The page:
While studying the grubber community, he notices an anomaly—though the life-forms throughout the area are dangerous, they are nowhere near as lethal as the ones around the city. Some grubbers theorize that the initial schism was a disagreement over the city's location, in which the ancestors of the grubbers abandoned the dangerous ground in favor of their current homes. Jason has the grubbers guide him back to the city, so he can see it from the outside. There his psionic senses confirm his hypothesis. Every species of native flora and fauna is psionic, and all life around the city is telepathically "shouting" the same thing: KILL THE ENEMY! Pyrrus' biosphere is intentionally attacking the city.

Jason shares this information with the grubbers and wins their total support. They ask Jason to go back to civilization and return with a ship. In return they will reward him handsomely. Jason agrees, but only to get back to the city. He knows that though the grubbers would keep their word, the first thing they would get from civilization would be weapons with which to make war on the city. He has a better idea, and shares it with Kerk along with the truth about the attacks.

Jason builds a device that can track the intelligence giving commands to the city's life, and puts it in the city's spaceship to search. They detect that the psychic commands emanate from a cave on an island far from the city. Jason prepares to go down and "talk" to what may be an alien intelligence, but the junkmen decide instead to attack and kill the intelligence. The resulting battle ends with hundreds dead, along with the intelligence after the entire island is destroyed in a nuclear blast. However, the attacks on the city grow even worse than before. Kerk blames Jason for the loss of the attack team (although the order to attack was given by him) and the futility of the plan and prepares to kill him. Jason is barely able to flee in an escape pod, but it is shot down by Kerk.

Jason crashes into the jungle and is stricken with a Pyrran infection. He awakens in the grubber village. The grubbers witnessed his escape and killed a junkman for his medkit to treat Jason. Then the village's "quakeman", who is precognitive, warns of an impending quake. The grubbers put Jason on a stretcher and follow the quakeman as he runs from the village, accompanied by just about every animal in the area. A tectonic event hits the village, flattening it. The animals flee together, without attacking each other.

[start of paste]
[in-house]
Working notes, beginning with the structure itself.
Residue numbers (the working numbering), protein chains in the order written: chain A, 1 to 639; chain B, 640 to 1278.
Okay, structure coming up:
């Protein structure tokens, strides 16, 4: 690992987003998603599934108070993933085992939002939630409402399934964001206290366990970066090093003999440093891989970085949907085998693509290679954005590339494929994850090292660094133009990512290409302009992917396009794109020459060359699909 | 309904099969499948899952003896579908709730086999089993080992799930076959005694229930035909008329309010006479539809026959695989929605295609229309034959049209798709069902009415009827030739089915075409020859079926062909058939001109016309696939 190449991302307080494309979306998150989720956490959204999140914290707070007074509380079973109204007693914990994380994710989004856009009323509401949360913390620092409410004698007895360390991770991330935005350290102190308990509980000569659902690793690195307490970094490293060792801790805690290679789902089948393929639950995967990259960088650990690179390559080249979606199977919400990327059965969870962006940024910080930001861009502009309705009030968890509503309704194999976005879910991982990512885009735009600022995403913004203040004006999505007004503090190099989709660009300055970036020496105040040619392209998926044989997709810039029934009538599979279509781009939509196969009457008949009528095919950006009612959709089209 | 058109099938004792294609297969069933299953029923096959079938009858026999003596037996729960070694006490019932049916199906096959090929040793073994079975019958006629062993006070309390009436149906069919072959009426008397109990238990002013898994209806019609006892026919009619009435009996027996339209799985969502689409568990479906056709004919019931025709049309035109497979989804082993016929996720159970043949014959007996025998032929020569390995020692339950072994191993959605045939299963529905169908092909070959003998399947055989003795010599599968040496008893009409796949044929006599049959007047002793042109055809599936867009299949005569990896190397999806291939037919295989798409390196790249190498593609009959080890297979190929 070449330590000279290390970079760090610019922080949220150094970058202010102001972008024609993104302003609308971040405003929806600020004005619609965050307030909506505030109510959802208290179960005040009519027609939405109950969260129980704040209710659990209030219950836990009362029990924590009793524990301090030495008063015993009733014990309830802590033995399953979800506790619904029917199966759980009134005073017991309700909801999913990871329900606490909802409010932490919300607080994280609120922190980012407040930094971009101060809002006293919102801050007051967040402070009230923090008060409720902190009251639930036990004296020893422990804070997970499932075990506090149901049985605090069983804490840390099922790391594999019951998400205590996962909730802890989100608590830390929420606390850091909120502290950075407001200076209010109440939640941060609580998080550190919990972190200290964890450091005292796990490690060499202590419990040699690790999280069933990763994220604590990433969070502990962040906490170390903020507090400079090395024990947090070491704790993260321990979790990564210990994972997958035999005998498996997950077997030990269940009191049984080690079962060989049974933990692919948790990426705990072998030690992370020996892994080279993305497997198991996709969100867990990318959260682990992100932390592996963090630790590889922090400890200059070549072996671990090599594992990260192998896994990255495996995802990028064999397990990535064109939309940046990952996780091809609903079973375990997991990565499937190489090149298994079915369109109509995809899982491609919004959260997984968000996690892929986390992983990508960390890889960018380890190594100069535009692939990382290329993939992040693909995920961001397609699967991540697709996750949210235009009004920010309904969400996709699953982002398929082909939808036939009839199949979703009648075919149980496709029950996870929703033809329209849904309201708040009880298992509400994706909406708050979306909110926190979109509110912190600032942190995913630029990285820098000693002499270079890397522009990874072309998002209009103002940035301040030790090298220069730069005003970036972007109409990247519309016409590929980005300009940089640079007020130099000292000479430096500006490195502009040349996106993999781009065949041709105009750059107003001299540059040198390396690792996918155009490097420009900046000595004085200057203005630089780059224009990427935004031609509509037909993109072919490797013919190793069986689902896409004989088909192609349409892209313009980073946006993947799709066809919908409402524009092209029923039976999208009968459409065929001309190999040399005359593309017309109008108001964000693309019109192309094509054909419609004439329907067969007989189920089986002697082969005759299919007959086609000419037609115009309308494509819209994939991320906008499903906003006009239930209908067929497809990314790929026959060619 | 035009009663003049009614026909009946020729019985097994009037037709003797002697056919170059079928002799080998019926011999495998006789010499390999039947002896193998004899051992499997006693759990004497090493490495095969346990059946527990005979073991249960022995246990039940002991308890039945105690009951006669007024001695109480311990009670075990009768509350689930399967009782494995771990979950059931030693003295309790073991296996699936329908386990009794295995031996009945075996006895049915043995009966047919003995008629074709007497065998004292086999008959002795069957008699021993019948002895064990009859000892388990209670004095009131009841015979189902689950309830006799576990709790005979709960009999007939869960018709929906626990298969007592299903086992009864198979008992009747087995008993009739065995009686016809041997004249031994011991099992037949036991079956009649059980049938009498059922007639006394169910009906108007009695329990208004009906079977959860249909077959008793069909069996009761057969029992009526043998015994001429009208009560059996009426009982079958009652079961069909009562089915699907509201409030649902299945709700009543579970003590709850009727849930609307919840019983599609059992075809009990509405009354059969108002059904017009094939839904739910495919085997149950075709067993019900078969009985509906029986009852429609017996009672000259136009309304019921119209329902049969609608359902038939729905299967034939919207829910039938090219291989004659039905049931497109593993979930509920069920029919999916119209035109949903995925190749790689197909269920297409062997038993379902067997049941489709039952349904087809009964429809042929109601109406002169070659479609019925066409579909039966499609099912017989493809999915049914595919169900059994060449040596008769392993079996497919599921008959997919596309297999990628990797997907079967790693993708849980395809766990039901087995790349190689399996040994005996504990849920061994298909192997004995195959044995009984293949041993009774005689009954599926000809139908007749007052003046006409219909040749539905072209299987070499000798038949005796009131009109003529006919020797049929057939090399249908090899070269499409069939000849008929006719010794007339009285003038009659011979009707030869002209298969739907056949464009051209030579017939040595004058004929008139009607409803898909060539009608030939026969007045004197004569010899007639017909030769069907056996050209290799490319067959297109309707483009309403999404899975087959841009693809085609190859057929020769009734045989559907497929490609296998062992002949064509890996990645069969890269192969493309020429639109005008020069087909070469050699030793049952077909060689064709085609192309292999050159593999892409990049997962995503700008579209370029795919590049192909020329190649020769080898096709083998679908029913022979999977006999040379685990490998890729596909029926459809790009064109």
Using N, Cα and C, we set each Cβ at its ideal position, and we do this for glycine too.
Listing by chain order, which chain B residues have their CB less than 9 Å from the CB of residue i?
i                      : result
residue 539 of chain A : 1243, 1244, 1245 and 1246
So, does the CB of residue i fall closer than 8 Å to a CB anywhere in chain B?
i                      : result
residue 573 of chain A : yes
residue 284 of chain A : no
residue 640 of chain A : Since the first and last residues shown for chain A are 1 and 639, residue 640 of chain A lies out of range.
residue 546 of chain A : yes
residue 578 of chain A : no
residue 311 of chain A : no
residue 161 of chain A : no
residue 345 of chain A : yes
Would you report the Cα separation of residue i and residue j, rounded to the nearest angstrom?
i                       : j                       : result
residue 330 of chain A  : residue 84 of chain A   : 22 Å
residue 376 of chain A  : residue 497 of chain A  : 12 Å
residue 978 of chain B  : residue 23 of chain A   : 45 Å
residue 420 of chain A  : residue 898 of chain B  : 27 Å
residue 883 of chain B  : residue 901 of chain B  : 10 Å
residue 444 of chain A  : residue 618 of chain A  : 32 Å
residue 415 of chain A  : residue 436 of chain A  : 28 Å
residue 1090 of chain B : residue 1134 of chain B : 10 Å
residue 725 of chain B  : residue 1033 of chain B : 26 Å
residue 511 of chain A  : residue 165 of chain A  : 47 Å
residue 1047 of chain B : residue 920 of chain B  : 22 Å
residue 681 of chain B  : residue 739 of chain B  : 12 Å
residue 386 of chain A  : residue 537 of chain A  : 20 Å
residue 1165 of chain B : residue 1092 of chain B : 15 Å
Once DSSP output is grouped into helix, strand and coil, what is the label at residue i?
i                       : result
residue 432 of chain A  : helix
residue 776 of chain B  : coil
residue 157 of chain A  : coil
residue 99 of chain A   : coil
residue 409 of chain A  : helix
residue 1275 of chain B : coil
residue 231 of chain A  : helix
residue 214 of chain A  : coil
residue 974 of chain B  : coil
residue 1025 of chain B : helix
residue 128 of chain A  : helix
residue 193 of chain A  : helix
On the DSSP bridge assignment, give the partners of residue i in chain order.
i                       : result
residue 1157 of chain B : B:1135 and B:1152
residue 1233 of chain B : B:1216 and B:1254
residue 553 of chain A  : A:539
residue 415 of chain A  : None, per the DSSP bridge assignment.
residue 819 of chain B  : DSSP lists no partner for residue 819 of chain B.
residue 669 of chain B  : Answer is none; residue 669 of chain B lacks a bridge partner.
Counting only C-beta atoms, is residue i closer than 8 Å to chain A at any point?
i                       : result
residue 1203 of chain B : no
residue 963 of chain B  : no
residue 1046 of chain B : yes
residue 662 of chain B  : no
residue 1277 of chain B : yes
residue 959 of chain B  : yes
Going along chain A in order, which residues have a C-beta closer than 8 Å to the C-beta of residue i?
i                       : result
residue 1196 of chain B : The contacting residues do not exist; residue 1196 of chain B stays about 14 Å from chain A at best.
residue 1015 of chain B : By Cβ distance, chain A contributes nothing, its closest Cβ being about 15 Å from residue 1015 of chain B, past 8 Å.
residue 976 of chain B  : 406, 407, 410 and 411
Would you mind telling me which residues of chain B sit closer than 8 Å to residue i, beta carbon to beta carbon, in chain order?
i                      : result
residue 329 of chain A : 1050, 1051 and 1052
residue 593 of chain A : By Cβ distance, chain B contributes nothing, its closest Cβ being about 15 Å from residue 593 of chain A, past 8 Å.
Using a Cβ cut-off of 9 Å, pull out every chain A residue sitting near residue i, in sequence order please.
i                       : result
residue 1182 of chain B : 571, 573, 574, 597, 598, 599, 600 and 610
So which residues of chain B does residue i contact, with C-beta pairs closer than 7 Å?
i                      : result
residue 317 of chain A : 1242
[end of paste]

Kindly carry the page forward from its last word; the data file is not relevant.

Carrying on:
Jason realizes the nature of the conflict. But he needs to tell everyone—grubbers and junkmen—at the same time. He plans an attack on the city, based heavily on the talkers. By stirring up an animal attack on the city opposite the spaceport they easily take the spaceship, and therefore the city. Jason is thus able to get the grubbers and junkmen into a room without them killing each other.

Jason now reveals all. Although all life on Pyrrus competes for survival individually, they react collectively to natural disasters. The grubbers, with the assistance of their talkers, have integrated themselves peacefully into the planet's ecosystem, killing only for food or in self-defense. The junkmen, however, think only of killing, and kill everything they can simply because they can. The animals and plants band together against the common threat and cooperate in trying to eliminate them, mutating to better kill humans. Jason proves this to the junkmen, first by having the grubbers safely handle one of the city's ultralethal species, then doing it himself. The city's science director pretends he is handling a training aid, and is able to do the same.

With this knowledge and the cooperation of both Pyrran communities, Jason offers a solution. As the prejudices between the two cultures are generations old, the two communities cannot simply merge. Instead, select junkmen will live among the grubbers to learn their methods of coexistence, and in exchange selected grubbers will be given transport on the city's only spaceship to restore their connection with the rest of humanity. Trade will be continued fairly, with the grubbers trading food and ore to the city Pyrrans for technology and medicines. The educational system will be completely redesigned around grubber survival techniques, after which the city's children will live in new lodgings outside the besieged city—which will remain home to those who cannot adapt to the wilds of Pyrrus. Though the city will inevitably fall to the onslaught, those who have adapted will no longer be grubbers or junkmen, but simply Pyrrans. Kerk and the leader of the grubbers making peace.